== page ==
The Book Of The Thousand Nights And A Night, Vol 1 Page-35

The Book Of The Thousand Nights And A Night, Vol 1

A plain and literal translation of the arabian nights entertainments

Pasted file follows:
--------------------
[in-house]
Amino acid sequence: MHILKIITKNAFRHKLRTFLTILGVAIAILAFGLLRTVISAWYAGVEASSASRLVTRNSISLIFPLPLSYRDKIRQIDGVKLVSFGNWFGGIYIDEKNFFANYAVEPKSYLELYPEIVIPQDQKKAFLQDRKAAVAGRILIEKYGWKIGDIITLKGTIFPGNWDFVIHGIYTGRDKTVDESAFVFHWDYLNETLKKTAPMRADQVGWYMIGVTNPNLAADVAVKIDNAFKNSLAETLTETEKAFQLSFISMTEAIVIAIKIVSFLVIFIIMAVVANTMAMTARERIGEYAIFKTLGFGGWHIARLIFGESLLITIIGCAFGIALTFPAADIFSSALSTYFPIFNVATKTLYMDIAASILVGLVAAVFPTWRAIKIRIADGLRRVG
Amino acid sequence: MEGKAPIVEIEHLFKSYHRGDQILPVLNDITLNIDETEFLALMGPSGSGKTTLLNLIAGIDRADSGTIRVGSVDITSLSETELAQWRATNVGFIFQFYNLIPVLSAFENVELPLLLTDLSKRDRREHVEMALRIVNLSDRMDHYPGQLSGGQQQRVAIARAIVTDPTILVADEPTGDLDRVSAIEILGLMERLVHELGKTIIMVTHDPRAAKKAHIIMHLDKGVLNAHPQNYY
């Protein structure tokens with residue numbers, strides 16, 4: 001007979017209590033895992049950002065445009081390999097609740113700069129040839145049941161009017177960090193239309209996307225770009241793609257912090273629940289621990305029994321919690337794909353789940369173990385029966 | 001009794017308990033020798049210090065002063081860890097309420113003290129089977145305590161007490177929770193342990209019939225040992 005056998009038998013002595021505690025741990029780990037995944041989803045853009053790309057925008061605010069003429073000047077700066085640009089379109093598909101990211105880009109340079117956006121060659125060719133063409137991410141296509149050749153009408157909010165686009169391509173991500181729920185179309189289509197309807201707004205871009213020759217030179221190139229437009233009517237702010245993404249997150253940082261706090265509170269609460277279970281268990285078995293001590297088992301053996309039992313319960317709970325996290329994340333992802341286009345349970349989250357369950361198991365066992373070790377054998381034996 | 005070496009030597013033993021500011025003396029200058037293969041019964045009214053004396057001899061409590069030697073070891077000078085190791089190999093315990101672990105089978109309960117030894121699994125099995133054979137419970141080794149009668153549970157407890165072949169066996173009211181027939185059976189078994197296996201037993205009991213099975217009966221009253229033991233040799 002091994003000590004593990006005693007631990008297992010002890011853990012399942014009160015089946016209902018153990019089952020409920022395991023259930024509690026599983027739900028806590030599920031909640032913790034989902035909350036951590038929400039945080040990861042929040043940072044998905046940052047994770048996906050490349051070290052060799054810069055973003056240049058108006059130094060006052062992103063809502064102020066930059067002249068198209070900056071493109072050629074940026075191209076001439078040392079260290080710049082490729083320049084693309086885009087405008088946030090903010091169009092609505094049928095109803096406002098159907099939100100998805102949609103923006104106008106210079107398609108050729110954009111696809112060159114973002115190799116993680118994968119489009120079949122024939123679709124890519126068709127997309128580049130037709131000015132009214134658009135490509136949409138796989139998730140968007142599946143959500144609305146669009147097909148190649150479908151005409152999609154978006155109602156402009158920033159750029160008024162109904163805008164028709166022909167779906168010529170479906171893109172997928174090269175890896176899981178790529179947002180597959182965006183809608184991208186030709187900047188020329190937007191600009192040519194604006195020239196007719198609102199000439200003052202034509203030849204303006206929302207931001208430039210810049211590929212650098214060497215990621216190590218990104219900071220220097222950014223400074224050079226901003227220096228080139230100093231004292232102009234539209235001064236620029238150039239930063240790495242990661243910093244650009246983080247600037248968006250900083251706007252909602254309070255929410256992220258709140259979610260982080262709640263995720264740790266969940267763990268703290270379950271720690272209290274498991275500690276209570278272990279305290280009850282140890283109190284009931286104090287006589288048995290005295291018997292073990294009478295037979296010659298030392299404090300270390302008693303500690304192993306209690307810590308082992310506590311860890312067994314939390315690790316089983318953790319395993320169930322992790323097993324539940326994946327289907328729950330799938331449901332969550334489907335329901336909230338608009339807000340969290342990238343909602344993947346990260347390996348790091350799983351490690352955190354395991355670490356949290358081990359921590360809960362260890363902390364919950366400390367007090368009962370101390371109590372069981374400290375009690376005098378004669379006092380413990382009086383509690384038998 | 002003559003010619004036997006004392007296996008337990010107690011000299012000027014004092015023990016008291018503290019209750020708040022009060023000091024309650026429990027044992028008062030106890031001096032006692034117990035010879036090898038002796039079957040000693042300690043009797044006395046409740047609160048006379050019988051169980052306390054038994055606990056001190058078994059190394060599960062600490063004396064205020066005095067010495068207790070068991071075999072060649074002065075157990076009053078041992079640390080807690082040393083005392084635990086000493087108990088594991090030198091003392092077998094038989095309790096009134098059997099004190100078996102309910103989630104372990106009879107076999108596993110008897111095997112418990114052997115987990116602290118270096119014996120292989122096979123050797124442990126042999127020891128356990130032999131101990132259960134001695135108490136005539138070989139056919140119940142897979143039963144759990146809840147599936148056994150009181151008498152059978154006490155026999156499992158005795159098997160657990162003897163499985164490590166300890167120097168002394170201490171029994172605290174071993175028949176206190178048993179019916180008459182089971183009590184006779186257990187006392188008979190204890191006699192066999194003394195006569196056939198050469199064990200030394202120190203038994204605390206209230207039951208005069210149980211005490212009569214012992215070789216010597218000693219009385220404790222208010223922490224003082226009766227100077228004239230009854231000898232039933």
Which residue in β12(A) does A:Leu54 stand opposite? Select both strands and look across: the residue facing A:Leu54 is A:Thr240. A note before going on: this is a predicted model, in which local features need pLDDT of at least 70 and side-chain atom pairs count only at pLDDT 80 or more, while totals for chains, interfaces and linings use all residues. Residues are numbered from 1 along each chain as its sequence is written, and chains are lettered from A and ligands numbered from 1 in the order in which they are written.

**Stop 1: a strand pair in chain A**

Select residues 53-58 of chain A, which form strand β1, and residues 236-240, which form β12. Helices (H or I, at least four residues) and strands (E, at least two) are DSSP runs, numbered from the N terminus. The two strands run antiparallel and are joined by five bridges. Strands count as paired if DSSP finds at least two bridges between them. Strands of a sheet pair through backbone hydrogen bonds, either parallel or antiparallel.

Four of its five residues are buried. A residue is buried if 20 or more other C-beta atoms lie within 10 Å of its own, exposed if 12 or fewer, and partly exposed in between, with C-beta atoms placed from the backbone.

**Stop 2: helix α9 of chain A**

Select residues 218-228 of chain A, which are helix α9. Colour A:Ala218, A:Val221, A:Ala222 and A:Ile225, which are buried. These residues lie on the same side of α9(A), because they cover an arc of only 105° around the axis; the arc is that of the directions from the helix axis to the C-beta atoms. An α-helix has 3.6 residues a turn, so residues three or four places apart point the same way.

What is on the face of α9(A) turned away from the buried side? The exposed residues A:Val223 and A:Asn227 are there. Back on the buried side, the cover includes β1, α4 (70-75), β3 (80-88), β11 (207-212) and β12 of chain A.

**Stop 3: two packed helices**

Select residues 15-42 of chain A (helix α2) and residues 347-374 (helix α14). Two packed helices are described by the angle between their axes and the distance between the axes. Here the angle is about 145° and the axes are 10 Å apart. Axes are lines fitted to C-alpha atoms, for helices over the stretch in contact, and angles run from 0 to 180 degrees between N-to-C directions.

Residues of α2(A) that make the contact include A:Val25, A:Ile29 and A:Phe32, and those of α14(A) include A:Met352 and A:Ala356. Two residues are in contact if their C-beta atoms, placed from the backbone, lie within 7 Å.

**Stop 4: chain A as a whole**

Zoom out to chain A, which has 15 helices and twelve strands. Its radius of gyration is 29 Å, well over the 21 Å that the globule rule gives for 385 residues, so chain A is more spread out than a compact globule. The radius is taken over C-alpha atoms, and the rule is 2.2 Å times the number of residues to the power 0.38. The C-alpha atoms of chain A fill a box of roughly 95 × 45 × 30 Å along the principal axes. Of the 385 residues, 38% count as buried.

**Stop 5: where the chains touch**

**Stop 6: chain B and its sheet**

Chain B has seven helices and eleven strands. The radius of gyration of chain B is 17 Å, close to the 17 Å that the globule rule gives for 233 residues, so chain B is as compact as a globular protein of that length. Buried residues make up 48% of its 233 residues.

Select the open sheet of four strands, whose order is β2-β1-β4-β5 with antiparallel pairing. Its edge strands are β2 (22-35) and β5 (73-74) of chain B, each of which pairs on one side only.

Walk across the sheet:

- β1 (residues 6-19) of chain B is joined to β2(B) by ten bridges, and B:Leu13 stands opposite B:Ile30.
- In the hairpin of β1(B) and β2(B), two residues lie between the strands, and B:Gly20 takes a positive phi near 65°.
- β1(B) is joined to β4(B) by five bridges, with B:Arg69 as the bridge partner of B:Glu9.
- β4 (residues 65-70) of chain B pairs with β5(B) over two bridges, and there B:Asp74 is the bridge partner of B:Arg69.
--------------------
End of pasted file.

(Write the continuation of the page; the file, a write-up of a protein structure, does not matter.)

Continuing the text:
Father Broad o’ Brow, what thou purposest to do to morrow?” The Bull answered, “What but continue to follow thy counsel, O Aliboron? Indeed it was as good as good could be and it hath given me rest and repose; nor will I now depart from it one little: so, when they bring me my meat, I will refuse it and blow out my belly and counterfeit crank.” The Ass shook his head and said, “Beware of so doing, O Father of a Bull!” The Bull asked, “Why,” and the Ass answered, “Know that I am about to give thee the best of counsel, for verily I heard our owner say to the herd, If the Bull rise not from his place to do his work this morning and if he retire from his fodder this day, make him over to the butcher that he may slaughter him and give his flesh to the poor, and fashion a bit of leather[FN#34] from his hide. Now I fear for thee on account of this. So take my advice ere a calamity befal thee; and when they bring thee thy fodder eat it and rise up and bellow and paw the ground, or our master will assuredly slay thee: and peace be with thee!” Thereupon the Bull arose and lowed aloud and thanked the Ass, and said, “To morrow I will readily go forth with them;” and he at once ate up all his meat and even licked the manger. (All this took place and the owner was listening to their talk.) Next morning the trader and his wife went to the Bull’s crib and sat down, and the driver came and led forth the Bull who, seeing his owner, whisked his tail and brake wind, and frisked about so lustily that the merchant laughed a loud laugh and kept laughing till he fell on his back. His wife asked him, “Whereat laughest thou with such loud laughter as this?”; and he answered her, “I laughed at a secret something which I have heard and seen but cannot say lest I die my death.” She returned, “Perforce thou must discover it to me, and disclose the cause of thy laughing even if thou come by thy death!” But he rejoined, “I cannot re veal what beasts and birds say in their lingo for fear I die.” Then quoth she, “By Allah, thou liest! this is a mere pretext: thou laughest at none save me, and now thou wouldest hide somewhat from me. But by the Lord of the Heavens! an thou disclose not the cause I will no longer cohabit with thee: I will leave thee at once.” And she sat down and cried. Whereupon quoth the merchant, “Woe betide thee! what means thy weeping? Bear Allah and leave these words and query me no more questions.” “Needs must thou tell me the cause of that laugh,” said she, and he replied, “Thou wottest that when I prayed Allah to vouchsafe me understanding of the tongues of beasts and birds, I made a vow never to disclose the secret to any under pain of dying on the spot.” “No matter,” cried she, “tell me what secret passed between the Bull and the Ass and die this very hour an thou be so minded;” and she ceased not to importune him till he was worn out